Valve

Valve, Steam, and used games: the battle for resale rights may be fought in Germany

Valve, Steam, and used games: the battle for resale rights may be fought in Germany

According to reports this week, Valve may be taken to court by a German organization for refusing to change their terms of service to allow their customers the right to sell the games and software they purchase on Steam.

The suit was filed by the Federation of German Consumer Associations in early 2013, and they now say they're not only optimistic that the case will go to court sometime later this year, but that they'll win.

“Unfortunately a date of the trial is not fixed - we hope it will take place this year,” representative Eva Hoffschulte told Gaming Blend. “Until then, it is not realistic that Valve will change their policy. But our chance to win the process is very good and that will be really an improvement for consumers: then they can sell their games to others.”

Exhaustion

It's common and even expected for people to express confidence about their lawsuits, but this suit carries particular weight; it's coming after a ruling in European Union courts in July of last year which ruled that it is legal for purchasers to resell their digital products.

The ruling confirmed that the European concept of “exhaustion,” which states that product sellers “exhaust” their rights to the product once it's been sold, also applies to digital goods. It's very similar to the US's first-sale doctrine.

In that case, the courts partially ruled in favor of UsedSoft, a company that was buying software that could legally be shared with up to 25 people, and reselling the additional uses. The court ruled they could resell the software, but had to render the original copy unusable at the time of the sale.

By its judgment delivered today, the Court explains that the principle of exhaustion of the distribution right applies not only where the copyright holder markets copies of his software on a material medium (CD-ROM or DVD) but also where he distributes them by means of downloads from his website.

Where the copyright holder makes available to his customer a copy – tangible or intangible – and at the same time concludes, in return form payment of a fee, a licence agreement granting the customer the right to use that copy for an unlimited period, that rightholder sells the copy to the customer and thus exhausts his exclusive distribution right.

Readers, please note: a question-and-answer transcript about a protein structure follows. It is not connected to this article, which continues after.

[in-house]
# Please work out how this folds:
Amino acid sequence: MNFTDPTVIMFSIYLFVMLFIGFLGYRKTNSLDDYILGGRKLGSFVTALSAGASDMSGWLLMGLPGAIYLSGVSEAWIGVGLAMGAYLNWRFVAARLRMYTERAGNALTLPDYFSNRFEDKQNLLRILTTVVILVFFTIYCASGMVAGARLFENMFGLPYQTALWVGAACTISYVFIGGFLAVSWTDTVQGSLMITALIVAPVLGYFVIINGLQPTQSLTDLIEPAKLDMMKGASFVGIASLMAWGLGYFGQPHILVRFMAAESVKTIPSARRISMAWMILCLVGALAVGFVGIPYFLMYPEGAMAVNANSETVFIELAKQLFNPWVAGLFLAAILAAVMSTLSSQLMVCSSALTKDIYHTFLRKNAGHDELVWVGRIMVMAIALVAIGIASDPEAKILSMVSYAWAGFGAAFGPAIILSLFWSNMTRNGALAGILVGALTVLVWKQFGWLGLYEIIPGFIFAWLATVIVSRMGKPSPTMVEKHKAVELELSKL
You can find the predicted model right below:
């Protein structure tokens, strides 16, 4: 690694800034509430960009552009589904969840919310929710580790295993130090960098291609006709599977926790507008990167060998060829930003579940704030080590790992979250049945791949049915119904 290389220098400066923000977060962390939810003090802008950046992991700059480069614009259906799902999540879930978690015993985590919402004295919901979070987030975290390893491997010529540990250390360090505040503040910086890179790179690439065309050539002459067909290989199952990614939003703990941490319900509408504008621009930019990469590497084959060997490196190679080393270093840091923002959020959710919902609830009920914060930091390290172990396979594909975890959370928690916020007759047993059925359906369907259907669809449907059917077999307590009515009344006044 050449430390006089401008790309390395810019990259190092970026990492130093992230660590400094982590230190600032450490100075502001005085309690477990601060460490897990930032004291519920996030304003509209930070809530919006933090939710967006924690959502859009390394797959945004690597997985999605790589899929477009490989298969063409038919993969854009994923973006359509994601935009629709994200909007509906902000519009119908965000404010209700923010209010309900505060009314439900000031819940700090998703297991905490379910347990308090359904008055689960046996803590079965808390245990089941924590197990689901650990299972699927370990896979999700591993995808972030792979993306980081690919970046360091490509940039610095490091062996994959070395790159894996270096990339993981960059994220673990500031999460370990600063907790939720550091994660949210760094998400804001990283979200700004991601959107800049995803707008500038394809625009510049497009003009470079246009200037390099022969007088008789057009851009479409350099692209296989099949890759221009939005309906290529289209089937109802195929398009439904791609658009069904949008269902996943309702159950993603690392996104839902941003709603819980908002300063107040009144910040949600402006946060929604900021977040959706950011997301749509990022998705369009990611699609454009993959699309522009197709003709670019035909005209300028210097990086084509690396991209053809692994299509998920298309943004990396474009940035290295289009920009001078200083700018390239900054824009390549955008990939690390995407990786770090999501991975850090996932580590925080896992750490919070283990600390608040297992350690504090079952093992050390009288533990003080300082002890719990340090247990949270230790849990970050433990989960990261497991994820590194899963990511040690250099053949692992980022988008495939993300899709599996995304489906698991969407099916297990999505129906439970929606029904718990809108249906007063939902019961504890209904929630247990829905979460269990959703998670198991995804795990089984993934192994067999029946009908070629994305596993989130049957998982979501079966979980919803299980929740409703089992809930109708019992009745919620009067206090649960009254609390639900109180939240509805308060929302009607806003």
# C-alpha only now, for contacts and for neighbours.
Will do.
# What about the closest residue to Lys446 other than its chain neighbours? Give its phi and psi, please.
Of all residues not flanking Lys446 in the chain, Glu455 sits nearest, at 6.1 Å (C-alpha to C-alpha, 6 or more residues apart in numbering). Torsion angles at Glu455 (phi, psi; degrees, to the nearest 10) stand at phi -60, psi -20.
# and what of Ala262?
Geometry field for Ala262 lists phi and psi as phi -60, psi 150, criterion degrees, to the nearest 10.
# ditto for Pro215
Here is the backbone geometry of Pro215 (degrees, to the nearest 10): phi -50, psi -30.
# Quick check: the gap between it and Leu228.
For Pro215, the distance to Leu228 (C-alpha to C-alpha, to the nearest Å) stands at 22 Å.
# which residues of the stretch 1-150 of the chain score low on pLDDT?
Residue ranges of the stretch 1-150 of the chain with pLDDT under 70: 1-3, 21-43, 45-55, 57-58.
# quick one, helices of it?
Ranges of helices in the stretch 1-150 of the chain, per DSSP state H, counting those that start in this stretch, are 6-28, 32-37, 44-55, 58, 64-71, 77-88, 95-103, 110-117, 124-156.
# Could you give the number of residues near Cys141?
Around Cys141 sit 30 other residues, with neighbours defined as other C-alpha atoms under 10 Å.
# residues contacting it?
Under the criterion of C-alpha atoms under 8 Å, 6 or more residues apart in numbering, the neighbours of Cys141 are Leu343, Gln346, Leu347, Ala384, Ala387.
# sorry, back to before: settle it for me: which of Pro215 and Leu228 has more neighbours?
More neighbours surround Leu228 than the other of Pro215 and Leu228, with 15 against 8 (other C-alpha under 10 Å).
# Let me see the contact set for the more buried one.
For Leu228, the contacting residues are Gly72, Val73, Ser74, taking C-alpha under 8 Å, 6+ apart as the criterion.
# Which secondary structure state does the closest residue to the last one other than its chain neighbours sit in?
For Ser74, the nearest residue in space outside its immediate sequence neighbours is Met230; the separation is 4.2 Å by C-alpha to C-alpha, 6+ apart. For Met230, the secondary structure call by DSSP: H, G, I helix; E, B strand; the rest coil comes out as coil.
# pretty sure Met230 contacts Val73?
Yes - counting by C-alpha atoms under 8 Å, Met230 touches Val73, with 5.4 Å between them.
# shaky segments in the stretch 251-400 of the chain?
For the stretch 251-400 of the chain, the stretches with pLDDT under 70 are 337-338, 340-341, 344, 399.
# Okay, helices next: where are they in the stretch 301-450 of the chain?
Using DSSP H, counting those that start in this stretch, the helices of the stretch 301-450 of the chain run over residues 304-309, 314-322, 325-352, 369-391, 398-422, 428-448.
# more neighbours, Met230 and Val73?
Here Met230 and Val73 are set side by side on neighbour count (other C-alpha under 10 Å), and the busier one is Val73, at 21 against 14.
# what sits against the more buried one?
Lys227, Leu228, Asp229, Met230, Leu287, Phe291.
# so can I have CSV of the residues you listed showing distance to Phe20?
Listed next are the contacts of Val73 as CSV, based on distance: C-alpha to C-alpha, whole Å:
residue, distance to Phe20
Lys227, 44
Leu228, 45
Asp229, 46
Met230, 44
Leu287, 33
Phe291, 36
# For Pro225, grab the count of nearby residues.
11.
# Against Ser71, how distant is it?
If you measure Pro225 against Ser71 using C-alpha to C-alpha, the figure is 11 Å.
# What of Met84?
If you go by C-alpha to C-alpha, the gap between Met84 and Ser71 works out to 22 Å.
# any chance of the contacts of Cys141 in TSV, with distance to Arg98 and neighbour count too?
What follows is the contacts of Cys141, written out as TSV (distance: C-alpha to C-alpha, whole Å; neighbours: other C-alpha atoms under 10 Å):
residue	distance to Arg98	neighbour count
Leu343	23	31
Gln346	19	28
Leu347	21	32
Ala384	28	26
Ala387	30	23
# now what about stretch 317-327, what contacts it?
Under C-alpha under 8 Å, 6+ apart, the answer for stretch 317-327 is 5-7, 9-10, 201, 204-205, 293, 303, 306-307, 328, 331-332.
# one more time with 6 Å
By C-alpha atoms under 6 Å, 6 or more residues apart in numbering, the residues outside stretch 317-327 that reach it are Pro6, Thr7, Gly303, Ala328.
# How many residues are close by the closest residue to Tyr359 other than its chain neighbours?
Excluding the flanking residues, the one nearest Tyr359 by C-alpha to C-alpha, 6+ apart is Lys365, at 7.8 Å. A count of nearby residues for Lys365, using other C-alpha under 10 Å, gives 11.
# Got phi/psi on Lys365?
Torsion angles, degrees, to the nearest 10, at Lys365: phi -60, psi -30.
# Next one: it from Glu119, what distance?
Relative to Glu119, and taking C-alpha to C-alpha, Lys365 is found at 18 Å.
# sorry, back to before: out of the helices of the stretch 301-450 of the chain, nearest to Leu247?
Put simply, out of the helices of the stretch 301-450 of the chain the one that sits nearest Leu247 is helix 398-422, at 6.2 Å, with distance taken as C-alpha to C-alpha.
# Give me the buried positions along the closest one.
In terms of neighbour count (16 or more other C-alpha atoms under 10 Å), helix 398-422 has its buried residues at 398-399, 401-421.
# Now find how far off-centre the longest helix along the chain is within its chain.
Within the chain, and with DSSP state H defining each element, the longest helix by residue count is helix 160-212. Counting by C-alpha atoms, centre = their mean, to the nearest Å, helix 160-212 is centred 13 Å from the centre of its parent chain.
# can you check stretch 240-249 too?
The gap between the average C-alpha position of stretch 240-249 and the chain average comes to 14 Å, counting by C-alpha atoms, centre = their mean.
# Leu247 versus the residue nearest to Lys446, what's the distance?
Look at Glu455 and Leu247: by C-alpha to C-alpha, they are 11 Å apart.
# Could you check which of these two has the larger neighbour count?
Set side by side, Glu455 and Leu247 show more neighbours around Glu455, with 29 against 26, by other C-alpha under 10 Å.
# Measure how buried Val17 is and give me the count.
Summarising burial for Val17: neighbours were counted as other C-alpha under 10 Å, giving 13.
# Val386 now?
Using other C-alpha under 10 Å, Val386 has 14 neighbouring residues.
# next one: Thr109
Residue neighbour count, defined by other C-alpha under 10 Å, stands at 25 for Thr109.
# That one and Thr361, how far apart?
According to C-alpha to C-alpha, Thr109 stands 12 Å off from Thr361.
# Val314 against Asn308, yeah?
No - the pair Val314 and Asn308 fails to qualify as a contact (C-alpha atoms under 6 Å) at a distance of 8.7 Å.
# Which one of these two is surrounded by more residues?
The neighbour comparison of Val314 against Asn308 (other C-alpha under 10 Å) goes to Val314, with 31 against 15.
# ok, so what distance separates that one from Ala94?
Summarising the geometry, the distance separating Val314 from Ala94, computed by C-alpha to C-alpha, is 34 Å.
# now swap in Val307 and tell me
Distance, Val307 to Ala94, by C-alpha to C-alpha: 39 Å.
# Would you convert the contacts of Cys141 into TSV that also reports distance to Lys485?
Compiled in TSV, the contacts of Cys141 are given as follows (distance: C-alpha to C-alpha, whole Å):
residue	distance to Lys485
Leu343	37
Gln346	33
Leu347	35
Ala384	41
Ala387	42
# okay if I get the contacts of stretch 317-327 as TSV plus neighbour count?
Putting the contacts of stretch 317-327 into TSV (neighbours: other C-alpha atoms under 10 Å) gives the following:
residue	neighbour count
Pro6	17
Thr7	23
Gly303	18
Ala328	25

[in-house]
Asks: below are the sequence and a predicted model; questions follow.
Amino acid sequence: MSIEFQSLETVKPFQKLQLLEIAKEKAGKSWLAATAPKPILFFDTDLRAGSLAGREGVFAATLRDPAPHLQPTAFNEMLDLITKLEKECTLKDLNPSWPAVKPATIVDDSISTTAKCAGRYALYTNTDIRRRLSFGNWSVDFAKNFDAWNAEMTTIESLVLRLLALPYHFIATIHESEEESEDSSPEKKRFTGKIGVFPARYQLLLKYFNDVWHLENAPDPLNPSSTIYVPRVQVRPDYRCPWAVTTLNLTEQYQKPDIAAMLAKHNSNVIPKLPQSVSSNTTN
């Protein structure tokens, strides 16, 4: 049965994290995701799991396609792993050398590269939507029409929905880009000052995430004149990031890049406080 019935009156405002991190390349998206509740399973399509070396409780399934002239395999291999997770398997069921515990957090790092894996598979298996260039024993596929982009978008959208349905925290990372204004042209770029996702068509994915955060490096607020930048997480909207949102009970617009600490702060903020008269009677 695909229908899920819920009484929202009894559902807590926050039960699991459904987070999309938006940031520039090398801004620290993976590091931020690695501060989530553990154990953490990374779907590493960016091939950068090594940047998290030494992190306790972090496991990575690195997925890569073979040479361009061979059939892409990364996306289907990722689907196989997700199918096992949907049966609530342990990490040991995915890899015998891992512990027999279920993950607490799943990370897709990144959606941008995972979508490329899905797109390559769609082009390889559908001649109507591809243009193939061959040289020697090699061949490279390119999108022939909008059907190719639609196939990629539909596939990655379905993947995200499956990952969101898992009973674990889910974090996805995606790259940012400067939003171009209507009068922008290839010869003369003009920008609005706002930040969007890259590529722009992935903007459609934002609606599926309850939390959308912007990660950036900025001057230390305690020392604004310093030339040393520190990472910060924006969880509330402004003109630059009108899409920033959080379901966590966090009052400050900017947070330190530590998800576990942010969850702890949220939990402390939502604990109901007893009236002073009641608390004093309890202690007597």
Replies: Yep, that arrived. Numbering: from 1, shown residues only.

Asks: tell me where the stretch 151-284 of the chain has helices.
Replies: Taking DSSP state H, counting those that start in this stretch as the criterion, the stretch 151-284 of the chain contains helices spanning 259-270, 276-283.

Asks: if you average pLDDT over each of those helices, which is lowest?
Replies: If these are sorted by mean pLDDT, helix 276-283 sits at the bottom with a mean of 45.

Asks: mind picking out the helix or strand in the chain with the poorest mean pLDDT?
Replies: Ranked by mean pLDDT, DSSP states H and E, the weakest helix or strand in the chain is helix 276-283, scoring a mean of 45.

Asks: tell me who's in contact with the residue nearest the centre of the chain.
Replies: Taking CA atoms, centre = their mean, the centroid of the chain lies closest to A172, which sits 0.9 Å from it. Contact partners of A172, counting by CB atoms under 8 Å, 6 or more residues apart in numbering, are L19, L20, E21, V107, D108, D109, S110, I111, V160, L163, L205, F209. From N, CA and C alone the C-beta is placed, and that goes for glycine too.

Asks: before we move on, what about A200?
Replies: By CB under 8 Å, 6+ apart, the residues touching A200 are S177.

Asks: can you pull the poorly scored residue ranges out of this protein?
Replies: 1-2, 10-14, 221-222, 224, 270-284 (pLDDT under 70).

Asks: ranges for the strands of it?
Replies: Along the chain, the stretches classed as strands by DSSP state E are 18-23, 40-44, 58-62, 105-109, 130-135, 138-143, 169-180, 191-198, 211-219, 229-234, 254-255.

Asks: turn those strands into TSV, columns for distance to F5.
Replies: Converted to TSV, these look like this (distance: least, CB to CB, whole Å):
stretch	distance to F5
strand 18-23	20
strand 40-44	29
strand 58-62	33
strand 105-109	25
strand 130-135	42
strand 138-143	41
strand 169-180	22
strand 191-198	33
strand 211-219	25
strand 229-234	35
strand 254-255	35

It underscores an important point about copyright law: it's not the same everywhere you go.

“Copyright behaves differently in Europe in than it does in the United States,” Parker Higgins, a copyright activist at the Electronic Frontier Foundation, told the Report. “In general they're more consumer-friendly, but in some cases they're more friendly to authors and artists.”

Despite the earlier ruling in favor of UsedSoft, this is still mostly uncharted territory. The battle to define copyright law as it applies to digital goods is still being fought, and Germany would be one of the first countries to draw a line in the sand on this issue and stand with consumers.

“[Germany would] certainly be at the forefront,” said Higgins. “I know a lot of countries are discussing this. Although they may not be the first off the blocks. This is a big question, and as more of our works move to digital works only, it's going to be sort of a defining question in terms of secondary markets and commerce in general. So for a country to take a proactive stance and defend the rights of consumers that would be a pretty big deal.”

The lack of much precedent, particularly within German courts, makes the case difficult to predict, but either way it goes it could have implications in the ongoing battle.

“For one thing, if it's allowed in Germany…Germany is a major market,” said Higgins. “So that would effect some of the strategies of publishers. And if you can make the case that publishers get along fine with people reselling goods in Germany then I think that makes it more likely for similar legislation to pass elsewhere.”

Lend with a capital “L”

Even if Valve loses the suit and is ordered to offer their customers the right to resale, that opens up a whole other bag of questions that will have to be answered by the courts. After all, just because Valve is ordered to give customers the right to resell their files, doesn't mean they have to provide the means for them to do so.

Higgins gave the example of the way eBooks evolved after the Kindle began to popularize the format. Consumers eventually became upset that they could not lend their books the way they could with physical copies. So when the Nook was released there was a feature called “Lend.”

“Publishers could turn it off and you were only allowed to lend the book once for 14 days,” said the EFF's Higgins. “So people were allowed to lend books, but could only use this feature that really distorts what lending is.”

Interestingly, Higgins also refenced these issues with iTunes music years ago. Ultimately, Apple opted to stop using DRM in their downloads, and many of the major music publishers went along with the decision. Still, there is no legal mechanism to sell those files as you would a used record.

There seems to be fewer examples in fewer mediums for gaming to use as precedent for denying customers the right to resell. Precedent may not matter though.

“There's a precedent in the German courts of diverging from precedence,” Higgins said. “They've made pretty bold rulings before. In some US courts there appears to be a lot of deference to business interests. Courts are unwilling to undermine business models. And I've seen more examples of courts being bolder about consumer rights in Europe.”